11. Clemens J, Ronacher B (2013) Feature extraction and integration underlying perceptual decision making during courtship in grasshoppers. J Neurosci 33:12136–12145PubMedCrossRefGoogle Scholar
  12. Clemens J, Kutzki O, Ronacher B, Schreiber S, Wohlgemuth S (2011) Efficient transformation of an auditory population code in a small sensory system. Proc Natl Acad Sci USA 108:13812–13817PubMedCentralPubMedCrossRefGoogle Scholar
  13. Clemens J, Wohlgemuth S, Ronacher B (2012) Nonlinear computations underlying temporal and population sparseness in the auditory system of the grasshopper. J Neurosci 32:10053–10062PubMedCrossRefGoogle Scholar
  14. Creutzig F, Benda J, Wohlgemuth S, Stumpner A, Ronacher B, Herz AVM (2010) Timescale-invariant pattern recognition by feed-forward inhibition and parallel signal processing. Neural Comput 22:1493–1510PubMedCrossRefGoogle Scholar
  15. Daugman JG (1985) Uncertainty relation for resolution in space, spatial frequency and orientation optimized by two-dimensional visual cortical filters. J Opt Soc Am A: 2:1160–1169CrossRefGoogle Scholar
  16. Deily JA, Schul J (2009) Selective phonotaxis in Neoconocephalus nebrascensis (Orthoptera: Tettigoniidae): call recognition at two temporal scales. J Comp Physiol A 195:31–37CrossRefGoogle Scholar
  17. Eibl E, Huber F (1979) Central projections of tibial sensory fibers within the three thoracic ganglia of crickets (G. campestris L., G. bimaculatus DeGeer). Zoomorphology 92:1–17CrossRefGoogle Scholar
  18. Einhäupl A, Stange N, Hennig RM, Ronacher B (2011) Attractiveness of grasshopper songs correlates with their robustness against noise. Behav Ecol 22(4):791–799CrossRefGoogle Scholar
  19. Elsner N, Popov AV (1978) Neuroethology of acoustic communication. Adv Insect Physiol 13:229–355CrossRefGoogle Scholar
  20. Elsner N, Wasser G (1995) The transition from leg to wing stridulation in two geographically distinct populations of the grasshopper Stenobothrus rubicundus. Naturwissenschaften 82:384–386Google Scholar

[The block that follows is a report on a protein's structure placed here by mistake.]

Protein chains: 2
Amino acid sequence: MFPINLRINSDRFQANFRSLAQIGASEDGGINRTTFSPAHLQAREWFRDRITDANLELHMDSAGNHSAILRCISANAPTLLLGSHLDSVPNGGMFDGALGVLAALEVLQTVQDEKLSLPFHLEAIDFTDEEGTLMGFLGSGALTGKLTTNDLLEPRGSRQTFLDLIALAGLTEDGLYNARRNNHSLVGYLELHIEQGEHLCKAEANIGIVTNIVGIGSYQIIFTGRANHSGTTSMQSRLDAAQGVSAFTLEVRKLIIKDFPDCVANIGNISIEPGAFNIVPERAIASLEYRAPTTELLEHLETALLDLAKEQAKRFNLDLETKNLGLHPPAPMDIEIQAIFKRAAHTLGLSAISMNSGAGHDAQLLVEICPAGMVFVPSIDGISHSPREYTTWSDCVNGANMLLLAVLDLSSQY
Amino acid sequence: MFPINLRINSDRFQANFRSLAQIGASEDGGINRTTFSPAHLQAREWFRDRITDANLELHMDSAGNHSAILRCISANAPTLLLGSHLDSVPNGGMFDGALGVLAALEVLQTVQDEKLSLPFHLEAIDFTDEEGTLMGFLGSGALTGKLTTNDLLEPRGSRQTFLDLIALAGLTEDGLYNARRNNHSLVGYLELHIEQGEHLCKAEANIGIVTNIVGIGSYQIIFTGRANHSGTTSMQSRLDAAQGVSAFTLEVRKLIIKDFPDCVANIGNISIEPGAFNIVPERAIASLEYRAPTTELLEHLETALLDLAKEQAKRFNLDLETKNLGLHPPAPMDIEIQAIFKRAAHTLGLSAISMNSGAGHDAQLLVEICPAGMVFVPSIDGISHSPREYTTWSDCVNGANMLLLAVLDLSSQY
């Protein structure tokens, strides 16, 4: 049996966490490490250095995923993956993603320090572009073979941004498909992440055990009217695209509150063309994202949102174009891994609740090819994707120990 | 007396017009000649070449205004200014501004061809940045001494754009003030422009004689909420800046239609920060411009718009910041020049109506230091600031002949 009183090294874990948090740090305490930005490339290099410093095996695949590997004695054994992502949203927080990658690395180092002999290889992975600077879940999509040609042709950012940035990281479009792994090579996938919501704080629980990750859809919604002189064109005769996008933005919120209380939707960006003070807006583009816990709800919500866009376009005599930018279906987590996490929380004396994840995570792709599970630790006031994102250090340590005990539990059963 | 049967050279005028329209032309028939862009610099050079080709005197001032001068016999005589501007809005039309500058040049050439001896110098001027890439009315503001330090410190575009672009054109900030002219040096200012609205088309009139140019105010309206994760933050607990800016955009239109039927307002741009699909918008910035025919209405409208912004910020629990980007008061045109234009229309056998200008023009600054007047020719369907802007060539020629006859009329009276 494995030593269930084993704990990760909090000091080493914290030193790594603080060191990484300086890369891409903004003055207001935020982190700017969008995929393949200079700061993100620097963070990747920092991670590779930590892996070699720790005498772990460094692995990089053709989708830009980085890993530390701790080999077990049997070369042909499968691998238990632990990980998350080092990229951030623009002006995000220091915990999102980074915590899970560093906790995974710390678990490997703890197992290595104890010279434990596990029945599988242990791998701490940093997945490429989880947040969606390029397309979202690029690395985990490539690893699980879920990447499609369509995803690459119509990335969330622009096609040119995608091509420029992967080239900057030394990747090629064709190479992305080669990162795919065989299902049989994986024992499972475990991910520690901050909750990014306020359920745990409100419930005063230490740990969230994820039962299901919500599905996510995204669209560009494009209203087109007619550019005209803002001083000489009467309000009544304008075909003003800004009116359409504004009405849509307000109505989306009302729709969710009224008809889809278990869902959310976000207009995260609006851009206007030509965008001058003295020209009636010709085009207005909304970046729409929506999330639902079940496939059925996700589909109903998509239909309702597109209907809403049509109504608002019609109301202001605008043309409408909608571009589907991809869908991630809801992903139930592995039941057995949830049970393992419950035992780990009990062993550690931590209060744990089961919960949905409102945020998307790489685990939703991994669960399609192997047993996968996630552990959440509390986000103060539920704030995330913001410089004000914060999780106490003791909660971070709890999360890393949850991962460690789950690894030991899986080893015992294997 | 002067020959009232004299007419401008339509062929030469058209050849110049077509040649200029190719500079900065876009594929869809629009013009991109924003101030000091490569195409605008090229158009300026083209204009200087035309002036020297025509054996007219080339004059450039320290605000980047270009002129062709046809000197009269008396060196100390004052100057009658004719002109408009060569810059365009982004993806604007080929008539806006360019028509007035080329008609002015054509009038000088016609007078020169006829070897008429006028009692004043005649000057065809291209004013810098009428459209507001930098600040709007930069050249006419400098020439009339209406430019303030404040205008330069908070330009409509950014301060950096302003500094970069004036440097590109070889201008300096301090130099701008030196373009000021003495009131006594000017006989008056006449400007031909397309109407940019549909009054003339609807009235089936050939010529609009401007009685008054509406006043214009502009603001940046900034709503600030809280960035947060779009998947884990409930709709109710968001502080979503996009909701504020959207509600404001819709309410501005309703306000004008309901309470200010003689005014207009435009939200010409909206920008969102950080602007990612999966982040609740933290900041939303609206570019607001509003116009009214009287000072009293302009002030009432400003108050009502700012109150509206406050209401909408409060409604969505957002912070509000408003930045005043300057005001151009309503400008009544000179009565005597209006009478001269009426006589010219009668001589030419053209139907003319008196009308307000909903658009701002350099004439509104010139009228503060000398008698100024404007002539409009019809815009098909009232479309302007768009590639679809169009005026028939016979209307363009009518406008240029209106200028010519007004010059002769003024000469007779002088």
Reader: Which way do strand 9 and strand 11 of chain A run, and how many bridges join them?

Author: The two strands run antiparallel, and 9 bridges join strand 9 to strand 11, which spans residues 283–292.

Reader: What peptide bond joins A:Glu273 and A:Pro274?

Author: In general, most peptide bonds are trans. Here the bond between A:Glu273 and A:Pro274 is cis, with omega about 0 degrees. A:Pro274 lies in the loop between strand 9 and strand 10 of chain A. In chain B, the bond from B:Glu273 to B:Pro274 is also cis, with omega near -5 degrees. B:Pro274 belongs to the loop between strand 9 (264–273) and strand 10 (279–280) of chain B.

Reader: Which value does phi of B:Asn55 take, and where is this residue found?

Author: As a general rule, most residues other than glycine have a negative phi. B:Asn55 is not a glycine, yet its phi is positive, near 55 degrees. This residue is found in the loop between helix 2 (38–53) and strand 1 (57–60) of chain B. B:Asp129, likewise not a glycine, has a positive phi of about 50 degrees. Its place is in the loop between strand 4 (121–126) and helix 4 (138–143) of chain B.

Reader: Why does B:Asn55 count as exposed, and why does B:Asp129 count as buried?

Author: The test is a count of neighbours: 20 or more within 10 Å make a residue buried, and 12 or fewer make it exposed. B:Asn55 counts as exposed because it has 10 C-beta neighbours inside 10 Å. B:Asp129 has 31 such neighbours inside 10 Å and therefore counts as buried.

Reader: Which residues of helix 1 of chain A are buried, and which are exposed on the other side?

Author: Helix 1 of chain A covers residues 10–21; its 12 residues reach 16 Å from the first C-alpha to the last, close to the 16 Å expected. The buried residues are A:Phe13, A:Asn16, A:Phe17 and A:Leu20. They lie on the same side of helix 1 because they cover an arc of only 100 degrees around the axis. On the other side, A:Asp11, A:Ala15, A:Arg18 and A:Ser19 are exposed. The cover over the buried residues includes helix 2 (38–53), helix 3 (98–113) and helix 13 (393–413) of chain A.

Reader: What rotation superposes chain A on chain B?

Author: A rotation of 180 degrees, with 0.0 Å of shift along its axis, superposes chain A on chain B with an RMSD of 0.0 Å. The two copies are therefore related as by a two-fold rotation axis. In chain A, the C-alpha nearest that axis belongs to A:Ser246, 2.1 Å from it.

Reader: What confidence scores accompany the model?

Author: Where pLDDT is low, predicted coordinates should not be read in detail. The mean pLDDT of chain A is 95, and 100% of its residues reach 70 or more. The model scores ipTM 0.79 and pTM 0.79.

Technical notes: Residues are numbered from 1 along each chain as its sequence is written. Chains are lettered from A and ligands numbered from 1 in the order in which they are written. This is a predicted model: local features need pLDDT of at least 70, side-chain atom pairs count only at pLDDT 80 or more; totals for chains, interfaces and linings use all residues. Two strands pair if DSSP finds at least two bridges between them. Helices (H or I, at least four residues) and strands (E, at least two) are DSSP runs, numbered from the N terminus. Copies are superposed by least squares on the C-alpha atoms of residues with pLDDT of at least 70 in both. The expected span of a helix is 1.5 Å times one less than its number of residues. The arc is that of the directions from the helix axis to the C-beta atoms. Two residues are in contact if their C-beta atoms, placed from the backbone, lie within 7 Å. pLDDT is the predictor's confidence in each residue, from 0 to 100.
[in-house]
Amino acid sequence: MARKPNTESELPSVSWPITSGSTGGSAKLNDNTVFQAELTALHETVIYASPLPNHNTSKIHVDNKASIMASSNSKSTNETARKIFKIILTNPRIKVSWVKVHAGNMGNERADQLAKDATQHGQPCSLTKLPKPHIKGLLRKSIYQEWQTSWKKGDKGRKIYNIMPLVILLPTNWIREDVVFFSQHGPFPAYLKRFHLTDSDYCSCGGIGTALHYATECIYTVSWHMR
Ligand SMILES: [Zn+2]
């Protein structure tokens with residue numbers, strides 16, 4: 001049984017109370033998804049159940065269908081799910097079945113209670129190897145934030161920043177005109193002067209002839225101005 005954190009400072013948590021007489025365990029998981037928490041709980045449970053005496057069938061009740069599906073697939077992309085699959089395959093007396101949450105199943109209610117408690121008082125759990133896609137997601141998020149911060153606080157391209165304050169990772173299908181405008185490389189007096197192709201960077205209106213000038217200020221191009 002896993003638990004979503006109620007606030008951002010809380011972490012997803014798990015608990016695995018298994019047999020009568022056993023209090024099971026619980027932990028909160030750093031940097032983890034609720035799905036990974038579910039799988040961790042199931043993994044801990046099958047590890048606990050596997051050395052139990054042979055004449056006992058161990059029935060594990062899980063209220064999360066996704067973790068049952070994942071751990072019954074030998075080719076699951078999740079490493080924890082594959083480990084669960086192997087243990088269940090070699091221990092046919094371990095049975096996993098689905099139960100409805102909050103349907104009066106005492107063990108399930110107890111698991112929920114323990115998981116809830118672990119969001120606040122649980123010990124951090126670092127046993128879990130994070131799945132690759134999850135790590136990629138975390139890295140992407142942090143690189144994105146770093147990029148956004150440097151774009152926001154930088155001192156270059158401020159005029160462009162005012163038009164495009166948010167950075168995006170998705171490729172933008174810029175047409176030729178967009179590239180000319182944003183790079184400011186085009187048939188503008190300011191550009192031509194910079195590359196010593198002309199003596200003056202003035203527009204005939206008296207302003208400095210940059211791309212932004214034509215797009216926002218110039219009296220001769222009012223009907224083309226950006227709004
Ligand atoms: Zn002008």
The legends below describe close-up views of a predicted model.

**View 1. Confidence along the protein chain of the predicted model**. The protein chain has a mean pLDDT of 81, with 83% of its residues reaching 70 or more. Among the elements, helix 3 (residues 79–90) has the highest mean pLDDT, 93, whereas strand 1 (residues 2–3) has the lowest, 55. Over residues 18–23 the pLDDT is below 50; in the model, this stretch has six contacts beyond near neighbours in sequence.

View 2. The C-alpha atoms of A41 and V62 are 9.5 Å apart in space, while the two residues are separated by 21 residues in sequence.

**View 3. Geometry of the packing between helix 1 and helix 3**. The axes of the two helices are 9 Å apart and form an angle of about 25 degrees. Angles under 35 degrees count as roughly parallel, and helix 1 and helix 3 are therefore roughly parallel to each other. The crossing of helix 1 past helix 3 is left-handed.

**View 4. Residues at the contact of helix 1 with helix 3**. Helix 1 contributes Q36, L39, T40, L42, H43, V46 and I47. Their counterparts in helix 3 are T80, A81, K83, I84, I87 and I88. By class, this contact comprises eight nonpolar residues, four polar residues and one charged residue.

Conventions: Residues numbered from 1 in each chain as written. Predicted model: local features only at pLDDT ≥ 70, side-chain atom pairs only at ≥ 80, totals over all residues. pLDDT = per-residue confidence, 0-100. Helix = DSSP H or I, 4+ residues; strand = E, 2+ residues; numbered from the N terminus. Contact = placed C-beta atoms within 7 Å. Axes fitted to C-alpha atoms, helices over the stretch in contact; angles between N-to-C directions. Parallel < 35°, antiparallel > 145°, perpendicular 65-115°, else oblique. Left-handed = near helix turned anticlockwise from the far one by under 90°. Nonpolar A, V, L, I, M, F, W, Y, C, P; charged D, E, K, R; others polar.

21. Flook PK, Rowell CHF (1997) The phylogeny of the Caelifera (Insecta, Orthoptera) as deduced from mtrRNA gene sequences. Mol Genet Evol 8:89–103Google Scholar
  22. Gerhardt HC, Huber F (2002) Acoustic communication in insects and anurans. University of Chicago Press, ChicagoGoogle Scholar
  23. Gottsberger B, Mayer F (2007) Behavioral sterility of hybrid males in acoustically communicating grasshoppers. J Comp Physiol A 193:703–714CrossRefGoogle Scholar
  24. Grobe B, Rothbart MM, Hanschke A, Hennig RM (2012) Auditory processing at two time scales by the cricket Gryllus bimaculatus. J Expl Biol 215:1681–1690CrossRefGoogle Scholar
  25. Hedwig B (1994) A cephalothoracic command system controls stridulation in the acridid grasshopper Omocestus viridulus L. J Neurophysiol 72:2015–2025PubMedGoogle Scholar
  26. Hedwig B (2000) Control of cricket stridulation by a command neuron: efficacy depends on behavioural state. J Neurophysiol 83:712–722PubMedGoogle Scholar
  27. Heller K-G (2006) Song evolution and speciation in bushcrickets. In: Drosopoulos S, Claridge MF (eds) Insect sounds and communication: physiology, behaviour, ecology and evolution. CRC Press, Boca Raton, pp 137–152Google Scholar
  28. Hennig RM (2003) Acoustic feature extraction by cross-correlation in crickets? J Comp Physiol A 189:589–598CrossRefGoogle Scholar
  29. Hennig RM (2009) Walking in Fourier’s space: algorithms for the computation of periodicities in song patterns by the cricket Gryllus bimaculatus. J Comp Physiol A 195:971–987CrossRefGoogle Scholar
  30. Hennig RM, Weber T (1997) Filtering of temporal parameters of the calling song by cricket females of two closely related species: a behavioral analysis. J Comp Physiol A 180:621–630CrossRefGoogle Scholar
  31. Hennig RM, Franz A, Stumpner A (2004) Processing of auditory information in insects. Microsc Res Tech 63:351–374PubMedCrossRefGoogle Scholar